Letter: New income taxes should go before community for vote

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Editor,

I am very concerned about the prospect and process of approval for the income tax proposed by the Boone County Sheriff, Mike Nielsen.

From what I have read, Neilsen has been vague on details for the proposal. When pressed for a number, Neilsen suggested a tax of .5 percent or 1 percent of income. Nielsen said the tax would be $400 or $800 per year for a family with an income of $80,000, and “it would not be a substantial tax increase.” I disagree that this is not a substantial increase, and so would many families in Boone County that live paycheck to paycheck. I also disagree with Nielsen’s statement that “the county really has no other choice.”

If the nearly 60,000 residents of Boone County are in only 15,000 households with an average income of $40,000, this would mean the Sheriff’s office would generate between $3 and $6 million with this tax. From the reports I read, Sheriff Nielsen has not given adequate justification to increase revenues by this amount. There have not been reports of sweeping crime waves besetting Boone County.

I am particularly troubled by the lack of transparency for this proposal. On the Boone County Sheriff Office’s website, I searched for terms including budget, finance, tax, expense or revenue, and there were “no results found.” I expect more citizen involvement about a proposed income tax from a sheriff, whose personal message on the BCSO website states, “We believe strongly in engaging citizens in good, old-fashioned conversations.” The citizens who are subject to an income tax need to be involved in the process.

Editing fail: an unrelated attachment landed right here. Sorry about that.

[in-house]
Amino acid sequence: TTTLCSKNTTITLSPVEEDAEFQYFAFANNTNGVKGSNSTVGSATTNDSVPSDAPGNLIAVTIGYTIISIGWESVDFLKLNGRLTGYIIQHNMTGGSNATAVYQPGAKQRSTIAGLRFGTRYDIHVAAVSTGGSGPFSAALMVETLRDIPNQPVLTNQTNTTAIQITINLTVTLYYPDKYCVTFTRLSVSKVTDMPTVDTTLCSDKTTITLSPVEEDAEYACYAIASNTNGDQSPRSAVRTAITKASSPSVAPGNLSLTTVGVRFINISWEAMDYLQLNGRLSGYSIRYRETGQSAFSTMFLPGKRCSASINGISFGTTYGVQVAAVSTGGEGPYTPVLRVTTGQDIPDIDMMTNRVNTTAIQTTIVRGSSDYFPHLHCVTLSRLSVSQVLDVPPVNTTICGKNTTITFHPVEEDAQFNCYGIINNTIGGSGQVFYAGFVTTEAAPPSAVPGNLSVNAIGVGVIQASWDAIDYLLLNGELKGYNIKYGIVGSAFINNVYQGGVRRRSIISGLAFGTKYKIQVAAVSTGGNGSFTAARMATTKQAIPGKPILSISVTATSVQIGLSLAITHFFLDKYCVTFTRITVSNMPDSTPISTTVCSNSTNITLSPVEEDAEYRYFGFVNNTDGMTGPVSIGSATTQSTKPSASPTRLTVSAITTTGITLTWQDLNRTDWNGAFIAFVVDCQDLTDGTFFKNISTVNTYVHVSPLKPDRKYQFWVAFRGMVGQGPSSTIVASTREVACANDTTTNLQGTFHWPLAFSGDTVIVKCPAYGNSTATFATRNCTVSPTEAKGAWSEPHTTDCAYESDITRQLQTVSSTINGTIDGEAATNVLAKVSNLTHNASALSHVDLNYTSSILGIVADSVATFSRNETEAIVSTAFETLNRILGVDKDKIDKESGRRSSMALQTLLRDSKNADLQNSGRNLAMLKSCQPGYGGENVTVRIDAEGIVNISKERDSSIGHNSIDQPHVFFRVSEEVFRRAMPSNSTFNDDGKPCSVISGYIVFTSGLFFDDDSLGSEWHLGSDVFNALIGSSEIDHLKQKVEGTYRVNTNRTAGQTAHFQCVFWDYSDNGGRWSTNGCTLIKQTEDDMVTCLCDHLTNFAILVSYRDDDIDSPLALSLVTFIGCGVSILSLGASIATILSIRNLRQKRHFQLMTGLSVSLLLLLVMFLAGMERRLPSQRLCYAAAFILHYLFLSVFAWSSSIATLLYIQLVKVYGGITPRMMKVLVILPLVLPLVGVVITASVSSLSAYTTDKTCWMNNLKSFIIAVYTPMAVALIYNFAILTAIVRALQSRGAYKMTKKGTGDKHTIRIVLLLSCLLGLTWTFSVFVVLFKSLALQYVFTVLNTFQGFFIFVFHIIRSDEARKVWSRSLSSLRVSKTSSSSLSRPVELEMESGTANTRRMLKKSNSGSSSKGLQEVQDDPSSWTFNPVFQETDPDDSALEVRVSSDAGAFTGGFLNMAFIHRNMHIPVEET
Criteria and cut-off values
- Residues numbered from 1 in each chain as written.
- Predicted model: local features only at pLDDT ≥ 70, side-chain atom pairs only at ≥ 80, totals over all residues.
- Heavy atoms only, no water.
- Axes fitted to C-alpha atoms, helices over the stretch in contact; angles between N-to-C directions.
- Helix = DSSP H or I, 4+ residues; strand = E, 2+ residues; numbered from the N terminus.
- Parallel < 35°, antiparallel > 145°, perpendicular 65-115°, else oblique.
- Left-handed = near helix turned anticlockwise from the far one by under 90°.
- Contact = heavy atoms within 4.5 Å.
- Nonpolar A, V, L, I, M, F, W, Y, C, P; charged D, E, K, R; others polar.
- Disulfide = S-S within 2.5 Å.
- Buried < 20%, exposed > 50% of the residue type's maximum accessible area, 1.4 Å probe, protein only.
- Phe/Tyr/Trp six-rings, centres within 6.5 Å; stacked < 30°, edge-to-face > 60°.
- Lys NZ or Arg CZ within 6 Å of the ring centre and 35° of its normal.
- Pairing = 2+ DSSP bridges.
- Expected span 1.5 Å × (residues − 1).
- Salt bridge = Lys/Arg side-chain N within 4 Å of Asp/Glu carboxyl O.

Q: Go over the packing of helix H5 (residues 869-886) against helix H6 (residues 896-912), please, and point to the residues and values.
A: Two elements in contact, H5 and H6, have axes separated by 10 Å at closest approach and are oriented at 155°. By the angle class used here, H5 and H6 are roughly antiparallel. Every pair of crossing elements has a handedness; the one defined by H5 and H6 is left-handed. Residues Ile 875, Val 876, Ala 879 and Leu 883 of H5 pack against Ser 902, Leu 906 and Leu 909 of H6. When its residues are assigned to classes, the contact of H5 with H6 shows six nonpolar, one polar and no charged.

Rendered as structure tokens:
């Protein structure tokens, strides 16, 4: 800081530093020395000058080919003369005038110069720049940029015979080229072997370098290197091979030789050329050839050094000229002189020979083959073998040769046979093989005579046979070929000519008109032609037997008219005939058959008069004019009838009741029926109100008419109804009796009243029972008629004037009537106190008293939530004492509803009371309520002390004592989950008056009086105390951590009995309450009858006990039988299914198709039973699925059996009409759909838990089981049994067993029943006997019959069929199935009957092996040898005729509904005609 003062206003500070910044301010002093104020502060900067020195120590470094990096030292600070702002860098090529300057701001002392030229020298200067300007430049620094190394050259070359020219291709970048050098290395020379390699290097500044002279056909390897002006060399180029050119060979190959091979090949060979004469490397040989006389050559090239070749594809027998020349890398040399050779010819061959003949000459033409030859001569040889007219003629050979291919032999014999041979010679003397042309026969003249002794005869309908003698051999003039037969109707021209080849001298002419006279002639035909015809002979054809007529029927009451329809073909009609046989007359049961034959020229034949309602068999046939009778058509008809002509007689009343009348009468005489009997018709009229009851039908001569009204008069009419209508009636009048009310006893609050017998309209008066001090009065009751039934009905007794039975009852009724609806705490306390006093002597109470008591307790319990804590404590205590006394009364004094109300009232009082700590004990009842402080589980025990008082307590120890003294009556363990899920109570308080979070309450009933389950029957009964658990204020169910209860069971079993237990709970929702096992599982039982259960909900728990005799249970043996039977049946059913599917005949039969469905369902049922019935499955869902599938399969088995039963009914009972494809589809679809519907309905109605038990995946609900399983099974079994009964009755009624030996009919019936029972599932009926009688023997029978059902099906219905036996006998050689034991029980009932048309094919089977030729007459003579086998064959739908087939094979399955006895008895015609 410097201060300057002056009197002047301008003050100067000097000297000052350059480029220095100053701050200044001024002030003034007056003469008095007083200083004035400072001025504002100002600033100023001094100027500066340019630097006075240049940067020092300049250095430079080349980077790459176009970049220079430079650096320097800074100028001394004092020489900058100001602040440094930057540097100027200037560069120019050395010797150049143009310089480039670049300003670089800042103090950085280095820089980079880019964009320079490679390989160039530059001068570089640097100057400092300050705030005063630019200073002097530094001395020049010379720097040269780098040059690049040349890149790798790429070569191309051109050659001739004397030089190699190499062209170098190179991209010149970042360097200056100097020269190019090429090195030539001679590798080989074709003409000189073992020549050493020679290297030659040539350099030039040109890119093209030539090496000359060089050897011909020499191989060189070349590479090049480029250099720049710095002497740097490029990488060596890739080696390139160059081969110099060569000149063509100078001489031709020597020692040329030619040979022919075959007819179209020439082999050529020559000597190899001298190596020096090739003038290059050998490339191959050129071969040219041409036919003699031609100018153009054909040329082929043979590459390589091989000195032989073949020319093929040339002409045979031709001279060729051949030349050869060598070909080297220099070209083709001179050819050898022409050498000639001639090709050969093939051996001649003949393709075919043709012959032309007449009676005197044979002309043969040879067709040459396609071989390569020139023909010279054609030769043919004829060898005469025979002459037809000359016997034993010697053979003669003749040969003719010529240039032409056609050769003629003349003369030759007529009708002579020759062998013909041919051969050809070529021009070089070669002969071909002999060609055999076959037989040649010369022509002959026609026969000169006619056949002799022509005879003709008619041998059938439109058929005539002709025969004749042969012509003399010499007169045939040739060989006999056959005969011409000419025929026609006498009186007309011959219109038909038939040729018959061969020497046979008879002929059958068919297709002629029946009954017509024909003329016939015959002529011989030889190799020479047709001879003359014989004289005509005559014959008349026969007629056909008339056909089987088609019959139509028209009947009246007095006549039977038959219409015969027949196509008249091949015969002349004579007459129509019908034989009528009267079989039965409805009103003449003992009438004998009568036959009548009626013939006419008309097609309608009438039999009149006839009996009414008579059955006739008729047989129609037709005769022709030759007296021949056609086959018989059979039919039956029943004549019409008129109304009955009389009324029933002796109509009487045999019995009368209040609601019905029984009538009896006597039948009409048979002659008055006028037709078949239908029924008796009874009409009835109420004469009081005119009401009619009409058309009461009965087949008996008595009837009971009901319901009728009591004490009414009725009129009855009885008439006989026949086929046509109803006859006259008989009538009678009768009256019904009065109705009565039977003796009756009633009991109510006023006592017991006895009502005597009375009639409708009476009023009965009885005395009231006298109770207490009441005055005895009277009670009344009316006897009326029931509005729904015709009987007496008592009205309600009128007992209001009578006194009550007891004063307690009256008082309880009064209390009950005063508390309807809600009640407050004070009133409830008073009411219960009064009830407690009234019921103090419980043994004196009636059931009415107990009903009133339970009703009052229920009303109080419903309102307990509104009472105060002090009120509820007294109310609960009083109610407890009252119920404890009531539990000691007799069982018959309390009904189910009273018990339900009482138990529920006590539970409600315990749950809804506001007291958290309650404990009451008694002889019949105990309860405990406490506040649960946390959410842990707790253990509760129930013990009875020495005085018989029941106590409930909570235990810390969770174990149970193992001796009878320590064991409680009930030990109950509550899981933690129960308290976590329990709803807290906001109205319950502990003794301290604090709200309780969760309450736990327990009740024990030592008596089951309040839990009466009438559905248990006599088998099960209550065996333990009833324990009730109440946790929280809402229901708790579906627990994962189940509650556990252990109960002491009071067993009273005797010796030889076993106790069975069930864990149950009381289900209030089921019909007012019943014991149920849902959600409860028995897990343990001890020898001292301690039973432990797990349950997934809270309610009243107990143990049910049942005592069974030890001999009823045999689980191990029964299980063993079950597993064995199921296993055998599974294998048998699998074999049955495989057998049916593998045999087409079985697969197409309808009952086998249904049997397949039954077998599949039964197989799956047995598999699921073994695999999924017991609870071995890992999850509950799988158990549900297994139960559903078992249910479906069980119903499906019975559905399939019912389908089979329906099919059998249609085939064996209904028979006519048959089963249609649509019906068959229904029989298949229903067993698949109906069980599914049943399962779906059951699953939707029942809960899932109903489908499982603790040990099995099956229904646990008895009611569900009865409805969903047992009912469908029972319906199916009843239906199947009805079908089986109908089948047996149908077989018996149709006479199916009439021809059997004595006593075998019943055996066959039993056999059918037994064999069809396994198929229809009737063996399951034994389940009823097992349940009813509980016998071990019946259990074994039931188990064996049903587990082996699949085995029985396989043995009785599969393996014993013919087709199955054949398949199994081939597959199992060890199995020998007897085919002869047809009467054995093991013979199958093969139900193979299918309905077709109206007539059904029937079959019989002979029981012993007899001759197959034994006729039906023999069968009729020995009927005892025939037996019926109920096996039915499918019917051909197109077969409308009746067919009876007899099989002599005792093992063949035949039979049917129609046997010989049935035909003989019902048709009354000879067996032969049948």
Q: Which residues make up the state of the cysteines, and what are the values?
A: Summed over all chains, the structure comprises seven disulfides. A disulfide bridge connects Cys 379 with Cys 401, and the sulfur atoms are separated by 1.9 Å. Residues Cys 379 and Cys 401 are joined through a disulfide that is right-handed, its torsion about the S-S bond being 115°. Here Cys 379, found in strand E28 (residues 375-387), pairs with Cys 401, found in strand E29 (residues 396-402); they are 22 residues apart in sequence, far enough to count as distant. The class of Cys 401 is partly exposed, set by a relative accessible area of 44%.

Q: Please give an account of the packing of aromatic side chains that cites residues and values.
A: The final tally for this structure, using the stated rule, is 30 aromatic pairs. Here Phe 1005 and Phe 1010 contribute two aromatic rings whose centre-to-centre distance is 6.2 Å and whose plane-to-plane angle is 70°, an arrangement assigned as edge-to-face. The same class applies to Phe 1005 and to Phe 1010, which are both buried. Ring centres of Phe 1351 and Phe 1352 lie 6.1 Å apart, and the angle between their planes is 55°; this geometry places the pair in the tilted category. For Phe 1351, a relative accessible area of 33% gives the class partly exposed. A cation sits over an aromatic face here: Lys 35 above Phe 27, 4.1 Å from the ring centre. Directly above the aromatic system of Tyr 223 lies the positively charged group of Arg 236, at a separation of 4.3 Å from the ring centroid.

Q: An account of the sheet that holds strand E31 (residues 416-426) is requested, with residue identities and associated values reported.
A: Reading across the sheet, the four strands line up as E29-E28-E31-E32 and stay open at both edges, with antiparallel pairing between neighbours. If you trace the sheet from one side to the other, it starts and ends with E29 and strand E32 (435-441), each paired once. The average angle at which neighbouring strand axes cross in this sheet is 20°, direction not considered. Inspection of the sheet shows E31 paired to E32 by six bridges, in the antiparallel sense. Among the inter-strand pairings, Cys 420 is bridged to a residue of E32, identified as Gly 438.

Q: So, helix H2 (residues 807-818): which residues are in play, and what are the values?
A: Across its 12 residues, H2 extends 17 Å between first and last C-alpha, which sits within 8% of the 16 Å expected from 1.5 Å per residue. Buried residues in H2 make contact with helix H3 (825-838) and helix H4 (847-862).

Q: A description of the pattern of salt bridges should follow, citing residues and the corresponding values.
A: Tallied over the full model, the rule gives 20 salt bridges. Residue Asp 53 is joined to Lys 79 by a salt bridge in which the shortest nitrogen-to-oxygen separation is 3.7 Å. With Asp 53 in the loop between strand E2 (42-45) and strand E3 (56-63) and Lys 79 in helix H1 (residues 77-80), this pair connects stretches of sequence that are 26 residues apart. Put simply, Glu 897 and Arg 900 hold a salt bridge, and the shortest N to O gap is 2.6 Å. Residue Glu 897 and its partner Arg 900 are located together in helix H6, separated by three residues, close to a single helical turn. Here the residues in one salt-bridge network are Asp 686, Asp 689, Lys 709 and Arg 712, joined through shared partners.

It would be helpful to understand the BCSO current budget, the specific needs that require funding, and the amount of funding required to meet those needs. Taxpayers should be informed about how their elected officials plan to spend their tax money. While some community leaders would urge us to enthusiastically support law enforcement without question, it is difficult to overlook news reports of unethical behavior among the ranks of law enforcement in Indiana, including the circumstances forcing resignation of Neilsen’s predecessor in the BCSO.

I am concerned that this new tax is to be approved by our elected officials and not put to a popular vote. The point of putting property tax caps in the state constitution was to restrain government spending. As with the taxes approved for supporting our local schools, new income taxes should be subject to a popular vote. In this way, the community would be better informed about the need and purposes of this proposed tax and be able to decide for themselves if the proposal represents a substantial tax increase and also provide input on other choices we have to fund law enforcement.

William Cleveland

Zionsville


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